Mavis turned her back to the sea; she knew it needn’t be that way. Tomorrow, in her lunch break, she could walk to the cathedral and admire the stained glass windows. She could go to Portsmouth at the weekend, have a drink in one of the Gunwharf bars or coffee shops and then ride in the lift to the top of the Spinnaker Tower. She could look out at the sea, the ferries and the Isle of Wight or over to the masts of HMS Victory and Warrior in the historic dockyard. Standing on the glass floor, she could marvel at how small the people appeared as they queued for their turn to witness the same sights.

Mavis faced the sea again. She knew she wouldn’t do any of those things. She’d work another week; spend another weekend alone and then climb the grey stone steps for the final time. She’d climb up slowly, and descend quickly.

Mavis had not lived well; her death must be more successful. She must be careful about any clues she left. There would be an investigation into her death. In her mind, a dashing detective and his side-kick knocked on doors, made enquiries. A fluffy looking sharp-witted old lady read her obituary in the paper and provided fascinating revelations about Mavis’s past. A wigged judge asked uncomfortable questions in court.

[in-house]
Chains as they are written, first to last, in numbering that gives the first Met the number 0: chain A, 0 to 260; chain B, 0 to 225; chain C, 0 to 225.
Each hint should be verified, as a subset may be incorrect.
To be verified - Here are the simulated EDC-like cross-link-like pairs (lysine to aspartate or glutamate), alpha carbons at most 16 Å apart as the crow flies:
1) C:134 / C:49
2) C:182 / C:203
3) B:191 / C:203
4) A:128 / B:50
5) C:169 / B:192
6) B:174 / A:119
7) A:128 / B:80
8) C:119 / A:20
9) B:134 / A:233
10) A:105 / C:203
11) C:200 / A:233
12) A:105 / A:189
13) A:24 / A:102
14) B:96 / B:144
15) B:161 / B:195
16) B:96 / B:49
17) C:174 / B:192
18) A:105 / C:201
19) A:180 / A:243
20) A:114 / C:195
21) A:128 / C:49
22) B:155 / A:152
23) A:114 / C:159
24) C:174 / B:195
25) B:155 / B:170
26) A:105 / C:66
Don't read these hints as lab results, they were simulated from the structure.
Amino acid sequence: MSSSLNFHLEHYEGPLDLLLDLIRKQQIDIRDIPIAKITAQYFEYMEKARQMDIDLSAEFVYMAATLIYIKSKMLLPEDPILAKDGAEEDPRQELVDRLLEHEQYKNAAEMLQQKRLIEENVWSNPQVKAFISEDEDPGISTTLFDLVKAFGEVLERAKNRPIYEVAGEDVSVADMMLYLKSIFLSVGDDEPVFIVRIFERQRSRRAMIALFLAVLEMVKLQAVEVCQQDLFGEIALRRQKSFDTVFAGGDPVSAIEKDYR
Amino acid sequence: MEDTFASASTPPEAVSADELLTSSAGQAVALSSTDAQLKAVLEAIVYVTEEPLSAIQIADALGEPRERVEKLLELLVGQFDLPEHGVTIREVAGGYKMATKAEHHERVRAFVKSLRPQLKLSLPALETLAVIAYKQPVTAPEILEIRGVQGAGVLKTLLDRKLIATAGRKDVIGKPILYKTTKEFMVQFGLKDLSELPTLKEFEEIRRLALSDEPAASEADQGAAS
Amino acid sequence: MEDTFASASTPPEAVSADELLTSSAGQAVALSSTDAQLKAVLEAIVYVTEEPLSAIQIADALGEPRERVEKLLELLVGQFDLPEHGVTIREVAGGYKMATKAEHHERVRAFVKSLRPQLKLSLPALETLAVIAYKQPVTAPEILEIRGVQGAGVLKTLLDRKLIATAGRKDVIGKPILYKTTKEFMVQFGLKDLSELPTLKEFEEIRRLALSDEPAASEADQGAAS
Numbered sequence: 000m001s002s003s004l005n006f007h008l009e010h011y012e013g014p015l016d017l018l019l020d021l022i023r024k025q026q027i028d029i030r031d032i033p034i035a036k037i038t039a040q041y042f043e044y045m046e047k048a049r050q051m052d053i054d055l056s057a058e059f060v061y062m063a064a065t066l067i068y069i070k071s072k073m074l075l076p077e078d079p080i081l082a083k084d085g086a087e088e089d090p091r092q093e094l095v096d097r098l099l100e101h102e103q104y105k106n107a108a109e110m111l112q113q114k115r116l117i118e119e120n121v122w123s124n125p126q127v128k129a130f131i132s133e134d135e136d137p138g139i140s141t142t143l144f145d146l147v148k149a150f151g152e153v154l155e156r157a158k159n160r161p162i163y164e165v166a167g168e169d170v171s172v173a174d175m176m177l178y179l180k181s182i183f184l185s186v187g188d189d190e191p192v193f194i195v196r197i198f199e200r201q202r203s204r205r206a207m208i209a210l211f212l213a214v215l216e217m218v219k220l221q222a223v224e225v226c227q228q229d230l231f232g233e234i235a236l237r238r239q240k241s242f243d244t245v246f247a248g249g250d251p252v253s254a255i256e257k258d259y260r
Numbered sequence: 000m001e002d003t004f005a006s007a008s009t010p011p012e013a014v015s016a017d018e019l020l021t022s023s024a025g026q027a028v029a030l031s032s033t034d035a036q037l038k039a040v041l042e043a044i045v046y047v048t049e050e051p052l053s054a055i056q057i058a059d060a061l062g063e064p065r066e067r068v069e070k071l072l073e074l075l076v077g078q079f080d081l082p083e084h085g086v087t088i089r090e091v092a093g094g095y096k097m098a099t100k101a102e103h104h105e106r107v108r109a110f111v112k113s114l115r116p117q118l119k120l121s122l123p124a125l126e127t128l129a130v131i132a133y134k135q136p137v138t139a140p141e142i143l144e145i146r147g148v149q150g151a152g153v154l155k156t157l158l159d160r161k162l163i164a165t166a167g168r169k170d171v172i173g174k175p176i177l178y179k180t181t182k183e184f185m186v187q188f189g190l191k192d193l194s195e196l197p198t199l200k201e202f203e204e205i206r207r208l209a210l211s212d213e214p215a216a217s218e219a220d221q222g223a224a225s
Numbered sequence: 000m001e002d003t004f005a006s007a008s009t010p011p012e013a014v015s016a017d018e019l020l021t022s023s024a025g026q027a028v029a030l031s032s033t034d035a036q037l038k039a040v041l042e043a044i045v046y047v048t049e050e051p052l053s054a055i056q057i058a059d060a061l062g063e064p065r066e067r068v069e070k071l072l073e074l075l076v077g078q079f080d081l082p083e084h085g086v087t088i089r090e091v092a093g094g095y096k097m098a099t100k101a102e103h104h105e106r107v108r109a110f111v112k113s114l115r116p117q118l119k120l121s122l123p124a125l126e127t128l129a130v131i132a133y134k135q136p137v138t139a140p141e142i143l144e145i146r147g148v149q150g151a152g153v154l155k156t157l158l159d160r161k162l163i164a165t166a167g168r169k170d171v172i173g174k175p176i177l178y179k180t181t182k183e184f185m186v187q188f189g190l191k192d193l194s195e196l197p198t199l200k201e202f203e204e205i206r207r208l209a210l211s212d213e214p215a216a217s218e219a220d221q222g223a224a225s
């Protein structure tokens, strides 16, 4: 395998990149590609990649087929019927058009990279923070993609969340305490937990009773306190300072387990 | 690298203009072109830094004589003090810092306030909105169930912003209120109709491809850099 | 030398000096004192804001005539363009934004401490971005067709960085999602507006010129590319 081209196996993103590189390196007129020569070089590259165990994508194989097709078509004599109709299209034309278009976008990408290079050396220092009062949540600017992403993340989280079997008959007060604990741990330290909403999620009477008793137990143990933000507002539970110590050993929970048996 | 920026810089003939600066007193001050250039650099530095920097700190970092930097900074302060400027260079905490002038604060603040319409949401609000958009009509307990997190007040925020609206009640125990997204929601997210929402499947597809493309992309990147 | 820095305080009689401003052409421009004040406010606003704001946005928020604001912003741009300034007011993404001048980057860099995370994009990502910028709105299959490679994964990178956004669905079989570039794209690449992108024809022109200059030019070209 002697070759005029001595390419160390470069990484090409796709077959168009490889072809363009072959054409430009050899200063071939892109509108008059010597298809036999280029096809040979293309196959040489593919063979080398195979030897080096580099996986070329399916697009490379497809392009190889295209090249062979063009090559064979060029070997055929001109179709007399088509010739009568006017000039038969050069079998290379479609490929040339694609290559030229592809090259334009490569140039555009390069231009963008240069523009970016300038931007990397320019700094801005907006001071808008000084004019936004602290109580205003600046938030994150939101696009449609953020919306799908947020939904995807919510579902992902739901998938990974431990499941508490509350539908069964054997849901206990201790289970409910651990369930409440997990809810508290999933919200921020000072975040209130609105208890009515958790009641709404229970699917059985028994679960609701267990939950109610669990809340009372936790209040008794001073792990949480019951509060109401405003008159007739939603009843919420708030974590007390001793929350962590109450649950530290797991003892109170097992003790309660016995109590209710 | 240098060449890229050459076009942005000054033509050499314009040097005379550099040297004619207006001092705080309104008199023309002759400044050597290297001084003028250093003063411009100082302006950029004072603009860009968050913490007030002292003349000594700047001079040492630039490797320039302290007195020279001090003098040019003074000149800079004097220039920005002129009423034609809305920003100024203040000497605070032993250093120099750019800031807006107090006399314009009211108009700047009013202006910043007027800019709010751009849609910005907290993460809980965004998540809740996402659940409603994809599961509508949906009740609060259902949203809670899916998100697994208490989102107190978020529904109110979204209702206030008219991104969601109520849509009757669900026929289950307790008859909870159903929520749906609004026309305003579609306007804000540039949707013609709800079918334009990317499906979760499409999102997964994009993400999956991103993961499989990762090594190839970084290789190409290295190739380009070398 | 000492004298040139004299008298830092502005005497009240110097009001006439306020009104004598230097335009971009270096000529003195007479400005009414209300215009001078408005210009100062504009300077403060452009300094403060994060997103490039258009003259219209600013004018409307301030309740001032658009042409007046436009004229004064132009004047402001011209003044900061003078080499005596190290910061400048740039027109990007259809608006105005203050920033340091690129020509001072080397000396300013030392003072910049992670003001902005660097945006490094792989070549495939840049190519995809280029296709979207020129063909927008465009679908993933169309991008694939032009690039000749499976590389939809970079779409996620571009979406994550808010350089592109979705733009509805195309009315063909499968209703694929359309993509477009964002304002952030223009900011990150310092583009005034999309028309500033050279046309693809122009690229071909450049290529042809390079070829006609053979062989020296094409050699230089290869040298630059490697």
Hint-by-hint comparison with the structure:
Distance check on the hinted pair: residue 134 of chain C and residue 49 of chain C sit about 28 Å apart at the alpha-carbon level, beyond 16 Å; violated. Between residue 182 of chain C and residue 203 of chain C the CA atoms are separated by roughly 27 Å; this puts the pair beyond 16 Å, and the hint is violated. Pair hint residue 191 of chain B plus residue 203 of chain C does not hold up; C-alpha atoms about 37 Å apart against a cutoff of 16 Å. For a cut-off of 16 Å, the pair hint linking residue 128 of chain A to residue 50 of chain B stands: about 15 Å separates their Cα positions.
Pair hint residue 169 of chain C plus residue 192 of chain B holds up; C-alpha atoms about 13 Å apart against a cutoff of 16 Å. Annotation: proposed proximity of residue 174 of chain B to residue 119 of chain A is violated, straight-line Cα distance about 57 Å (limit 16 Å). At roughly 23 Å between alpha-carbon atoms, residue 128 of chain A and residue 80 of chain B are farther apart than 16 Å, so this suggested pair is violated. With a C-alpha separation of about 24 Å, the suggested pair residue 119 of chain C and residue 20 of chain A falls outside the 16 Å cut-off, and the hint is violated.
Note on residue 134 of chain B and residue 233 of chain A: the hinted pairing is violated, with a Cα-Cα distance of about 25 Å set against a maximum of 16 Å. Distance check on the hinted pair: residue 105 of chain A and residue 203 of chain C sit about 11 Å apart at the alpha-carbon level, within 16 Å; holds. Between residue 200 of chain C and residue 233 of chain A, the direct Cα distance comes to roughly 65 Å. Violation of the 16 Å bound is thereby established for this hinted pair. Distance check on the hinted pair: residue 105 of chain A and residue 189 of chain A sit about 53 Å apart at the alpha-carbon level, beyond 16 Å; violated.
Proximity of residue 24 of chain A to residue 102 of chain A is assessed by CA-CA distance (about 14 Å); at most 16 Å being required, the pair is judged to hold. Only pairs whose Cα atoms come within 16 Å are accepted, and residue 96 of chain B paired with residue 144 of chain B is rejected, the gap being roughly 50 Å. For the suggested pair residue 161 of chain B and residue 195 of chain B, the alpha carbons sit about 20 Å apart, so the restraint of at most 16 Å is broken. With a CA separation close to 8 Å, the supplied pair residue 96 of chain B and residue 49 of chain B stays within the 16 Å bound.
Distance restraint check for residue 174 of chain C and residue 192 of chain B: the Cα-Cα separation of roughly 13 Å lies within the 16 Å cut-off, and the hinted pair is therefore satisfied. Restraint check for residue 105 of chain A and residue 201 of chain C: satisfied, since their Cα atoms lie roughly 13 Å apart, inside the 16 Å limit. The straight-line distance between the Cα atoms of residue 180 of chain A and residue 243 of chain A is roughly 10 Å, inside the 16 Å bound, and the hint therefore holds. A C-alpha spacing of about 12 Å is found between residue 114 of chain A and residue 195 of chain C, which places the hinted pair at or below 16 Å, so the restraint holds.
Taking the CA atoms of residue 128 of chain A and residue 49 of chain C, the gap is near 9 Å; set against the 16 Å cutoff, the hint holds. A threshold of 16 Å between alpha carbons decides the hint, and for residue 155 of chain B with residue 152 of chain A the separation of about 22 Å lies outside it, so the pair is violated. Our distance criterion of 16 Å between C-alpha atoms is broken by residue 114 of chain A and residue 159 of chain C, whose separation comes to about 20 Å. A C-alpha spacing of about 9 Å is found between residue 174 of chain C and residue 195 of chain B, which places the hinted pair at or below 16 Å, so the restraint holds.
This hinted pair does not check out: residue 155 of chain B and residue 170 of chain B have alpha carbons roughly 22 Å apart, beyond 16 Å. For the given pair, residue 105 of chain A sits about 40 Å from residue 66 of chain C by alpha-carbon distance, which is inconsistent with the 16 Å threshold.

It would be easiest and simplest to leave a statement. That solution wasn’t without disadvantages. There was Cousin Linda to think of; she would be hurt to learn the life she’d helped Mavis to create had proved unbearable. There were the birds too; she was sorry she couldn’t continue to feed them. She’d enjoyed watching them and feeling they depended on her. Soon, there would be no one to chase away her neighbour’s cat. The birds would still be fed though; she’d made sure of that. Her estate was willed to the RSPB. The house could be sold to raise money, provided an arrangement was made to ensure suitable food and clean water were always supplied in the garden. She’d wondered about her life assurance. If suicide was suspected, the company might not pay. With that in mind, her explanatory note never progressed beyond a rough draft. She read it. Just a list really, of disappointments; a description of loneliness. After tearing it into thin strips, she balled it in her hand and held it over the drop, from tower’s edge, to the ebbing sea. Her fingers didn’t release her unhappy thoughts. The wind didn’t blow her troubles away. Mavis held them tight. She would take her litter away with her.